About two weeks ago, the industry received the latest ad-spend data overview, and it provides some interesting food for thought.
First of all, the “no surprises” or “duh” facts: Ad spend in 2020 is down, whether you look at total media advertising revenue, internet advertising or most other individual media and platforms. There is no surprise here because… pandemic.
And what the actual numbers will be by the end of this year remains to be seen.
It seems that COVID-19 will be here for a good while longer, and the impact on business and the economy -- and therefore marketing and advertising -- will be felt for an equally long time.
Another “duh” fact is that the top 10 consists for 70% of companies in tech, communications and new commerce.
The only three “traditional” advertisers in the Top 10 are Procter & Gamble, American Express and General Motors. The fastest-growing advertisers reflect the Top 10 similarly in that they are largely in the same categories of tech, communications and new commerce.
They include the likes of Sirius, Facebook, LendingTree, Wayfair and GrubHub, to name a few. This is obviously completely reflective of consumer usage and consumer interest in today’s world.
As a category, other than tech, insurance seems to be the fastest-growing, which tells you something else about the world we live in.
We must be super worried and scared, because why else would the likes of Geico, USAA, Farmers, Progressive and all the others who are ready to sell us “safety” see opportunity to spend such enormous amounts of money to entice us over?
What is also fascinating is that Kantar’s measured media covers about 20% to 30% of all estimated advertising dollars. If you are an advertiser who is using Kantar metrics to calculate Share of Voice vs Share of Market to determine your budgets… good luck!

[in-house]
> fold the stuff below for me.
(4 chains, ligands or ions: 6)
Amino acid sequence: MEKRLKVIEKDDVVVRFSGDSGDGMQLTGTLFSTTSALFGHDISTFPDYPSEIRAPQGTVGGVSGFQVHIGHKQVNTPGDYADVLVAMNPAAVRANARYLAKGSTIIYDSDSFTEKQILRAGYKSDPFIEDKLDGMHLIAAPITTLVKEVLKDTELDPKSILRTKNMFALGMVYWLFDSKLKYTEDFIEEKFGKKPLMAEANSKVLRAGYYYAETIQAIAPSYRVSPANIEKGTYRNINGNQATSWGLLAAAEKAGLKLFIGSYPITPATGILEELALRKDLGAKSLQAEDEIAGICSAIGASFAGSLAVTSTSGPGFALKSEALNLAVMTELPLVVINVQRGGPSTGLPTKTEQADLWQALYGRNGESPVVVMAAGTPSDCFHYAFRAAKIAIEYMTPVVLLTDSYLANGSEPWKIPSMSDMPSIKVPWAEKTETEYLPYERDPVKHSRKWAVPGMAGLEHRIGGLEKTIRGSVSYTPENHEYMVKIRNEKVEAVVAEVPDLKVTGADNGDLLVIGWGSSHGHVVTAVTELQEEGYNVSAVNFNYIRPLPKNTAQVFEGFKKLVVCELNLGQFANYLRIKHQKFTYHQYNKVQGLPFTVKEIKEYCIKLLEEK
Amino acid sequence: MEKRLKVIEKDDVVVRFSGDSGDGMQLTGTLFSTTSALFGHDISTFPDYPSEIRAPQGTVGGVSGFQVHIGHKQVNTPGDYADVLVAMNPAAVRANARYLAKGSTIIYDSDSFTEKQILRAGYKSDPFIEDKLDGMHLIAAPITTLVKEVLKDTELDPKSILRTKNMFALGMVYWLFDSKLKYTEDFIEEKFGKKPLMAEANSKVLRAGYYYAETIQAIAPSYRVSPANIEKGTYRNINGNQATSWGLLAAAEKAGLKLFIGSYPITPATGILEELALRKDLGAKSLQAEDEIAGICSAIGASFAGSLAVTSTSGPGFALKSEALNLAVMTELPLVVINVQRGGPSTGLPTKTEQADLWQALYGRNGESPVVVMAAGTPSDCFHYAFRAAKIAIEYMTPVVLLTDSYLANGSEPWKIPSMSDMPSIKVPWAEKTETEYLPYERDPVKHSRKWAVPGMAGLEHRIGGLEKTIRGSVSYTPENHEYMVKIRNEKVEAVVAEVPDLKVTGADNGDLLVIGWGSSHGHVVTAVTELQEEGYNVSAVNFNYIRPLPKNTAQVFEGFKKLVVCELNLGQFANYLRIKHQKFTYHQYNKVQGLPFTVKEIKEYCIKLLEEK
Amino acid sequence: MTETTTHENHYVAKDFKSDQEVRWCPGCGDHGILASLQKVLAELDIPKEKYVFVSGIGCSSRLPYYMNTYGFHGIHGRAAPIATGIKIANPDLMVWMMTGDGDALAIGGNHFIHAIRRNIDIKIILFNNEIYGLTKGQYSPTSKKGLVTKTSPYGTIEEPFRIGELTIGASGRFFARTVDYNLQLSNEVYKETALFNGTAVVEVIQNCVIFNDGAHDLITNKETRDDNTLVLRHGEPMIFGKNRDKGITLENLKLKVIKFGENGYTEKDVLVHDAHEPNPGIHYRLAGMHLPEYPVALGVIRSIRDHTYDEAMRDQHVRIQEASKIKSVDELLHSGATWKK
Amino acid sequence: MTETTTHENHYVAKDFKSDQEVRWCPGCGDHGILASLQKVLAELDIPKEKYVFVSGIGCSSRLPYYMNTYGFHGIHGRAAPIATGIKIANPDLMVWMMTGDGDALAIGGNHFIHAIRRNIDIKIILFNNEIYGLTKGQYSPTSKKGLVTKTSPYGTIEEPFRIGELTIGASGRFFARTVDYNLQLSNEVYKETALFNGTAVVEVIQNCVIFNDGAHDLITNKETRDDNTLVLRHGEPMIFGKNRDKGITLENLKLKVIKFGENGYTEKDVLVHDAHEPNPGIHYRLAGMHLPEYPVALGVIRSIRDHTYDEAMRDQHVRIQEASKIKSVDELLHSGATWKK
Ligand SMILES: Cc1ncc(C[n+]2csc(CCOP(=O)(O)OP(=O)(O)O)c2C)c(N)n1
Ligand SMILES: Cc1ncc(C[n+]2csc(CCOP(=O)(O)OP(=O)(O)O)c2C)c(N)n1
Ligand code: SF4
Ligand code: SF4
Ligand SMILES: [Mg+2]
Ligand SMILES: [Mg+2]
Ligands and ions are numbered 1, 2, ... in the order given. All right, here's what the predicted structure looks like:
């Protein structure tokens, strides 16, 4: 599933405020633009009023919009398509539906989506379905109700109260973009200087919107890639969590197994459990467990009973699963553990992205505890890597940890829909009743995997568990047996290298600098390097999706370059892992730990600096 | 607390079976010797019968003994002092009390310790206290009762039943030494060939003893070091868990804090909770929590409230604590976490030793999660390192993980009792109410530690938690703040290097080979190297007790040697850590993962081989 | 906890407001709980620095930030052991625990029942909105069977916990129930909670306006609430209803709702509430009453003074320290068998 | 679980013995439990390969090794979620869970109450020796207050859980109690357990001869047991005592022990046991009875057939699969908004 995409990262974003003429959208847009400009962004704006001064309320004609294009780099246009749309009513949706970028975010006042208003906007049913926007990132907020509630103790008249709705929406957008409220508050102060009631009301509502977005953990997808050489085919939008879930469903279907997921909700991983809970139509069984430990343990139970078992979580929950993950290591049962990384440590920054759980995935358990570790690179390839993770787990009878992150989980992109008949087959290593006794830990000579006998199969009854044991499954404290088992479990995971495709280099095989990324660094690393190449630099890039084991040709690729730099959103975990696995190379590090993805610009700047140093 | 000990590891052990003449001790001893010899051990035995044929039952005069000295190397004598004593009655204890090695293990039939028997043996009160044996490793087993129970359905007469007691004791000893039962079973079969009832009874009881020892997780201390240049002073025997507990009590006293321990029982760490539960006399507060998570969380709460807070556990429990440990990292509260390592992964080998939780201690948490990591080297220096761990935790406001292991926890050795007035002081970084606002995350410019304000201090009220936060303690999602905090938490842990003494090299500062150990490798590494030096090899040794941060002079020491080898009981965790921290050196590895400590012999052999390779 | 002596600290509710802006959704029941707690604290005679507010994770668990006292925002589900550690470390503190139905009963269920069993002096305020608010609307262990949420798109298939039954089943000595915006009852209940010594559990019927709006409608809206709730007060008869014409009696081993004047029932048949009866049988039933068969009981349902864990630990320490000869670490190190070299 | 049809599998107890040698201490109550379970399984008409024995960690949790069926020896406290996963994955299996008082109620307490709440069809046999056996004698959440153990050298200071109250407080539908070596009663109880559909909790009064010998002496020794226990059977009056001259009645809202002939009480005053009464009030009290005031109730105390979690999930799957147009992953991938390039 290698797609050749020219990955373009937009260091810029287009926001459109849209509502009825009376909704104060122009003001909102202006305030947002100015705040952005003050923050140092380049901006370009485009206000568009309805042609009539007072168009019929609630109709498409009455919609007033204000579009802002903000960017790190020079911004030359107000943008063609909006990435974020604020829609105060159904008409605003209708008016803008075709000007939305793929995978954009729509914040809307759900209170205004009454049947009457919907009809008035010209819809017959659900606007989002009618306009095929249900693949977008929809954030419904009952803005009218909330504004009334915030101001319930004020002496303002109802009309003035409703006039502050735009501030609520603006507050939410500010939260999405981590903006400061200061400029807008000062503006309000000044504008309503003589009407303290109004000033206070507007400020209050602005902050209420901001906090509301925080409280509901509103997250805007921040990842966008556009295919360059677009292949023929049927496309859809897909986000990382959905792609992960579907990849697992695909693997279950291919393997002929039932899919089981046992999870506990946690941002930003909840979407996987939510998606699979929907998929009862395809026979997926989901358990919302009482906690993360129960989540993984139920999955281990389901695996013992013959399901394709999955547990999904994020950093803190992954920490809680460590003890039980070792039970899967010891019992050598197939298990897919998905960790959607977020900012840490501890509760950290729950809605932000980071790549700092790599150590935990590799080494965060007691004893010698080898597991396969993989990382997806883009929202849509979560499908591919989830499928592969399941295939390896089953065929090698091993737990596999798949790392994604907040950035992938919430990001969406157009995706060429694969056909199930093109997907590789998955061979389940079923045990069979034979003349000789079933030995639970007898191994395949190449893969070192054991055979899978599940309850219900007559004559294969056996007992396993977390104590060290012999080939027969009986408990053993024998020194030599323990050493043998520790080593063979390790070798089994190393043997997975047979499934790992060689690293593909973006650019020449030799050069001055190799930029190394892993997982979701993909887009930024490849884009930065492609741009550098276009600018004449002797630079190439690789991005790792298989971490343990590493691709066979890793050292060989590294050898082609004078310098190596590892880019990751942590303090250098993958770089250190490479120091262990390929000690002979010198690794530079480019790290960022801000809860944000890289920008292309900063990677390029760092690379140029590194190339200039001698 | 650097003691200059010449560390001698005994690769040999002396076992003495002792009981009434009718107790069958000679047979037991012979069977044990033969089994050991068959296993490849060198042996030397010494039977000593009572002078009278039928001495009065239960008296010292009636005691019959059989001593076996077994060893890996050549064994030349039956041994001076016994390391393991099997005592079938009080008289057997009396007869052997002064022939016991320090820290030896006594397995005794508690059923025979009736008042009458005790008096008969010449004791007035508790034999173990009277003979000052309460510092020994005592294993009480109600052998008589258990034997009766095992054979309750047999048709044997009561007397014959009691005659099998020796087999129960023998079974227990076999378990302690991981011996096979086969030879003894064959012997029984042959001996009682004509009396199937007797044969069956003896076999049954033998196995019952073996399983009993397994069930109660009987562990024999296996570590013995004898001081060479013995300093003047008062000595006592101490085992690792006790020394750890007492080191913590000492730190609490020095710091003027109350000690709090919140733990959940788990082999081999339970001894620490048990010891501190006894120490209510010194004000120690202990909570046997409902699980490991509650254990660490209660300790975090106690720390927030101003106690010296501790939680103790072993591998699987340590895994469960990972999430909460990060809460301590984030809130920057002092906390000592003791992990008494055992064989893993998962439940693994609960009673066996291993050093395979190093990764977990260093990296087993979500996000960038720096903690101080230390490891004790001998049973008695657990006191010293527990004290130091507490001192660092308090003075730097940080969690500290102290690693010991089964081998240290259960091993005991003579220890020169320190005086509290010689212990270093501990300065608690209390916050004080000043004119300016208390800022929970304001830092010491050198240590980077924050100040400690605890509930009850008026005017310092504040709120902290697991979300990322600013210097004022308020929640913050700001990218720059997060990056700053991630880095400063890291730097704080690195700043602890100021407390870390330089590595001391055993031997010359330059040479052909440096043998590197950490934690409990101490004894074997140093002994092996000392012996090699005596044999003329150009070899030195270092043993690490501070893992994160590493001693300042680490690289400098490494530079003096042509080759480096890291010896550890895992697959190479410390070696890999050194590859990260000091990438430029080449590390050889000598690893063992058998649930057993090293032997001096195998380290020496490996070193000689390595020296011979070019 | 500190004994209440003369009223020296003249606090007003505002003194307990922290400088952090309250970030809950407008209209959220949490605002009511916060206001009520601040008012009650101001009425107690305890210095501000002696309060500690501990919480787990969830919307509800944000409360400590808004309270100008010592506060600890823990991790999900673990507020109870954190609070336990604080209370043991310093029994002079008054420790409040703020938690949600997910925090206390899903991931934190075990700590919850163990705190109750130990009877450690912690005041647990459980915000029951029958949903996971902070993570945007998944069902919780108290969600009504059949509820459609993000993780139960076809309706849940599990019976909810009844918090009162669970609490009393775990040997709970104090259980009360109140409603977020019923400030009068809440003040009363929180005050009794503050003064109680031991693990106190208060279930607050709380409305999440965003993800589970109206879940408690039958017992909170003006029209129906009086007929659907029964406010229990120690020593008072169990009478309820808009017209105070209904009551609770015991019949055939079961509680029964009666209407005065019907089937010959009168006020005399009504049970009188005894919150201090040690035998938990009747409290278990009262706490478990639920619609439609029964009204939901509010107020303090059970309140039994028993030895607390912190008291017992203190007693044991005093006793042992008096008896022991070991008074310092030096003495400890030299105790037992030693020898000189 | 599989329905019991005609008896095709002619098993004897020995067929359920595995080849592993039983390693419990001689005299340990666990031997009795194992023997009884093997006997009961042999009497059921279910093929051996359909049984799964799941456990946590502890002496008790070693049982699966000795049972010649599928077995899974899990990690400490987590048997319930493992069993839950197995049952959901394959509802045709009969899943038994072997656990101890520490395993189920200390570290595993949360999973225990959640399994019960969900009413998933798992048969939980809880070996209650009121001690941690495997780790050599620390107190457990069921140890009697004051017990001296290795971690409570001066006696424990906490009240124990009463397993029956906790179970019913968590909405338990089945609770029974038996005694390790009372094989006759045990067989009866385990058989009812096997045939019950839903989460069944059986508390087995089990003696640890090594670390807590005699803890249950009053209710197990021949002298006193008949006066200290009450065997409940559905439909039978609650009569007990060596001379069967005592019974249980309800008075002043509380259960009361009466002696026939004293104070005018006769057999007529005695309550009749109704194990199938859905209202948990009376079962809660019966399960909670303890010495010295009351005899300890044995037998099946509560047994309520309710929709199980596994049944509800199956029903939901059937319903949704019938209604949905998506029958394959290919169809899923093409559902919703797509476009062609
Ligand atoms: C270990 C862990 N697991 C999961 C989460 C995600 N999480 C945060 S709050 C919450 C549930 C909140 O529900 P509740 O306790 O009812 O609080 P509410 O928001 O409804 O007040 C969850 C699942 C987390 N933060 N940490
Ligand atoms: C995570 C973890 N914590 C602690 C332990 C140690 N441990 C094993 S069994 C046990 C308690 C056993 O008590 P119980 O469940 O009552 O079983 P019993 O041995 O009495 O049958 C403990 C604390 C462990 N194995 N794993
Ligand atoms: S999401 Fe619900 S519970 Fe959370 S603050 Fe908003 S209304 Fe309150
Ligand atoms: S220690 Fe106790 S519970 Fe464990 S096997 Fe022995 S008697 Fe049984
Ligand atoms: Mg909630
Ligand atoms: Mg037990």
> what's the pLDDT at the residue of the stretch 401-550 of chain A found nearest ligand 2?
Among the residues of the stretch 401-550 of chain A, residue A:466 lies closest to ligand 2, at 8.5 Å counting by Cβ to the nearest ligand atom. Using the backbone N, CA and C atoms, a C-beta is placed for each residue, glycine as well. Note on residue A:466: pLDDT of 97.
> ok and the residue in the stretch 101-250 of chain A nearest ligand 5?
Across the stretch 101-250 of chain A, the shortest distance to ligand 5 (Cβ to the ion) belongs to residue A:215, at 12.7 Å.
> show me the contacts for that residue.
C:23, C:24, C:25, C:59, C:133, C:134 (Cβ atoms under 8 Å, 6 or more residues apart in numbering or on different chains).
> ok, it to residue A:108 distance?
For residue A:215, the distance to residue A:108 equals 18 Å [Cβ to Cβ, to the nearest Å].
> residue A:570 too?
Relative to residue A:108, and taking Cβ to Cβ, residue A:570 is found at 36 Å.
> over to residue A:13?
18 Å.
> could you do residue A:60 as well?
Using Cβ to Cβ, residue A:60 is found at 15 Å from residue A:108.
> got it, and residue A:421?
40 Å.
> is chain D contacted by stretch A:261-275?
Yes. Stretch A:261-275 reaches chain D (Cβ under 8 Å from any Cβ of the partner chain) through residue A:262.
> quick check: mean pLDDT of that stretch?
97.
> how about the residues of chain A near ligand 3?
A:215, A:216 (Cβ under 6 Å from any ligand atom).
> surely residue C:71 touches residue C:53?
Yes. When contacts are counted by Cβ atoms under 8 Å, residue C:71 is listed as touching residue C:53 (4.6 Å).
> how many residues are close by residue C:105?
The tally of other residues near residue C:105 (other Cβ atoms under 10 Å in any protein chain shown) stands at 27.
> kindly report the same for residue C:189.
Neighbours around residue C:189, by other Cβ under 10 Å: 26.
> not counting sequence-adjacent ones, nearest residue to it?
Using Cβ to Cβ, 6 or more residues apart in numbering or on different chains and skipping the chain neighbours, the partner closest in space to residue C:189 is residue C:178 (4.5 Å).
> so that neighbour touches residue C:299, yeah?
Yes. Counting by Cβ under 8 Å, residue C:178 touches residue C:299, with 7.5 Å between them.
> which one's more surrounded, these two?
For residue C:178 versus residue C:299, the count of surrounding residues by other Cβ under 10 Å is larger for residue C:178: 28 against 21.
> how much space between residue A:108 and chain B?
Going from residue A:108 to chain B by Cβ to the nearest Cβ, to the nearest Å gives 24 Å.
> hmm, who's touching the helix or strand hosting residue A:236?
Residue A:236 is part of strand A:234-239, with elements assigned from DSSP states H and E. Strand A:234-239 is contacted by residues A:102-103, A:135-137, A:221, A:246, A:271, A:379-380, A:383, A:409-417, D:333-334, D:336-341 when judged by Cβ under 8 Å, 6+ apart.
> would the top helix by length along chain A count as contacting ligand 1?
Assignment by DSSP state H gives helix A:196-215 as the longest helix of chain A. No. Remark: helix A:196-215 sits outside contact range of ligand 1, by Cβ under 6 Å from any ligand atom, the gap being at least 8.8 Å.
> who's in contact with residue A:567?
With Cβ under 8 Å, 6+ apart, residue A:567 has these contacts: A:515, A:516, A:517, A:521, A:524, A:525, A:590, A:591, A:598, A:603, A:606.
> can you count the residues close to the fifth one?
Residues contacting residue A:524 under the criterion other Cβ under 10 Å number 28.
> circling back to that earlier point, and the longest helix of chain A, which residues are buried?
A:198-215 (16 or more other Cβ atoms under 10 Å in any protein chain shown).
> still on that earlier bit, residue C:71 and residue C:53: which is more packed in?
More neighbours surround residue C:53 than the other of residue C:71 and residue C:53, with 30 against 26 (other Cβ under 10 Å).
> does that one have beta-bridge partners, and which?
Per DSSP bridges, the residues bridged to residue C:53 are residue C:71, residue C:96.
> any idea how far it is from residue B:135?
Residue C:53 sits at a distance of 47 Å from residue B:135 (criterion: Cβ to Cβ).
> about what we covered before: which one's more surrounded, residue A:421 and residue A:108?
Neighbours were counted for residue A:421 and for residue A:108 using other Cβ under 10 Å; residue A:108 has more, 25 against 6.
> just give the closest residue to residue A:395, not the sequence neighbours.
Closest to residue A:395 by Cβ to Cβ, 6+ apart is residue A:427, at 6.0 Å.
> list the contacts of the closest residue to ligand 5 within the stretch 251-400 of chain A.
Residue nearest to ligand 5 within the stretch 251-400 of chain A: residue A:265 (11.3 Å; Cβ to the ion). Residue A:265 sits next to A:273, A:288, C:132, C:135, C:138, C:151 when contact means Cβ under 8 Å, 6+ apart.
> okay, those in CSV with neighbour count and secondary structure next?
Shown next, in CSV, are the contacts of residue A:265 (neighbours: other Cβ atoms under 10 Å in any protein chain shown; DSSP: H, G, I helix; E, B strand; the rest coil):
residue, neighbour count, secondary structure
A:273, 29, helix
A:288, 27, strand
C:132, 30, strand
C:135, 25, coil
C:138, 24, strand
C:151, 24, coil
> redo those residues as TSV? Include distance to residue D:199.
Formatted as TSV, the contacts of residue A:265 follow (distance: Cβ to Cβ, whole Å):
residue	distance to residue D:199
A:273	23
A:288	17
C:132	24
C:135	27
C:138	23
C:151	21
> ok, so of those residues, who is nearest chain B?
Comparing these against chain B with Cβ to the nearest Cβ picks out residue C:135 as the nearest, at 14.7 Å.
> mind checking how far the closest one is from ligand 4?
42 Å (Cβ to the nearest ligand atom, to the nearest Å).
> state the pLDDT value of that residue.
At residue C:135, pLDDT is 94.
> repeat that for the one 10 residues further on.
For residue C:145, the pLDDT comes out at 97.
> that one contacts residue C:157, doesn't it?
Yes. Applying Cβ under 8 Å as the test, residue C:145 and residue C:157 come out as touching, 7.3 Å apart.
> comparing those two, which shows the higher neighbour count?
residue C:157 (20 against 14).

The advertising top 10, of course, looked completely different ten or twenty years ago. At that time, the list would have been dominated by food, beverage and FMCG’s (Fast Moving Consumer Goods), as well as insurance companies, cars, fast-food restaurants and perhaps even retailers.
Looking forward, it seems that the forecasters have all decided that 2021 will be the year of recovery. GroupM is forecasting that ad spend will grow by 4.2% (current 2020 ad spend is down 12.9%), with digital ad spend predicted to be up 11.8%. So the forecasted growth will not make up for the losses, but there will be growth.
Well, call me a naysayer, but I don’t think this is warranted. The fallout from the industries, business and services that are only partially open or re-opened, or are re-opening and then closing again, is huge. Think bars, gyms, hotels, airlines, restaurants, universities, music venues, theaters, cinemas, tourist attractions and sports venues… the list is long, and their economic tentacles reach far into all sorts of other parts of the economy that supply or depend on these businesses.
My prediction is that we will, sadly, see continued high unemployment rates in all these categories -- and as a result we will continue to have a depressed economy while consumers do not have the dollars or the confidence to spend.
That means depressed ad spend will continue to be the case going forward as well.
I hope I am wrong and the other crystal ball gazers are right. But based on current data and trends, I am not convinced.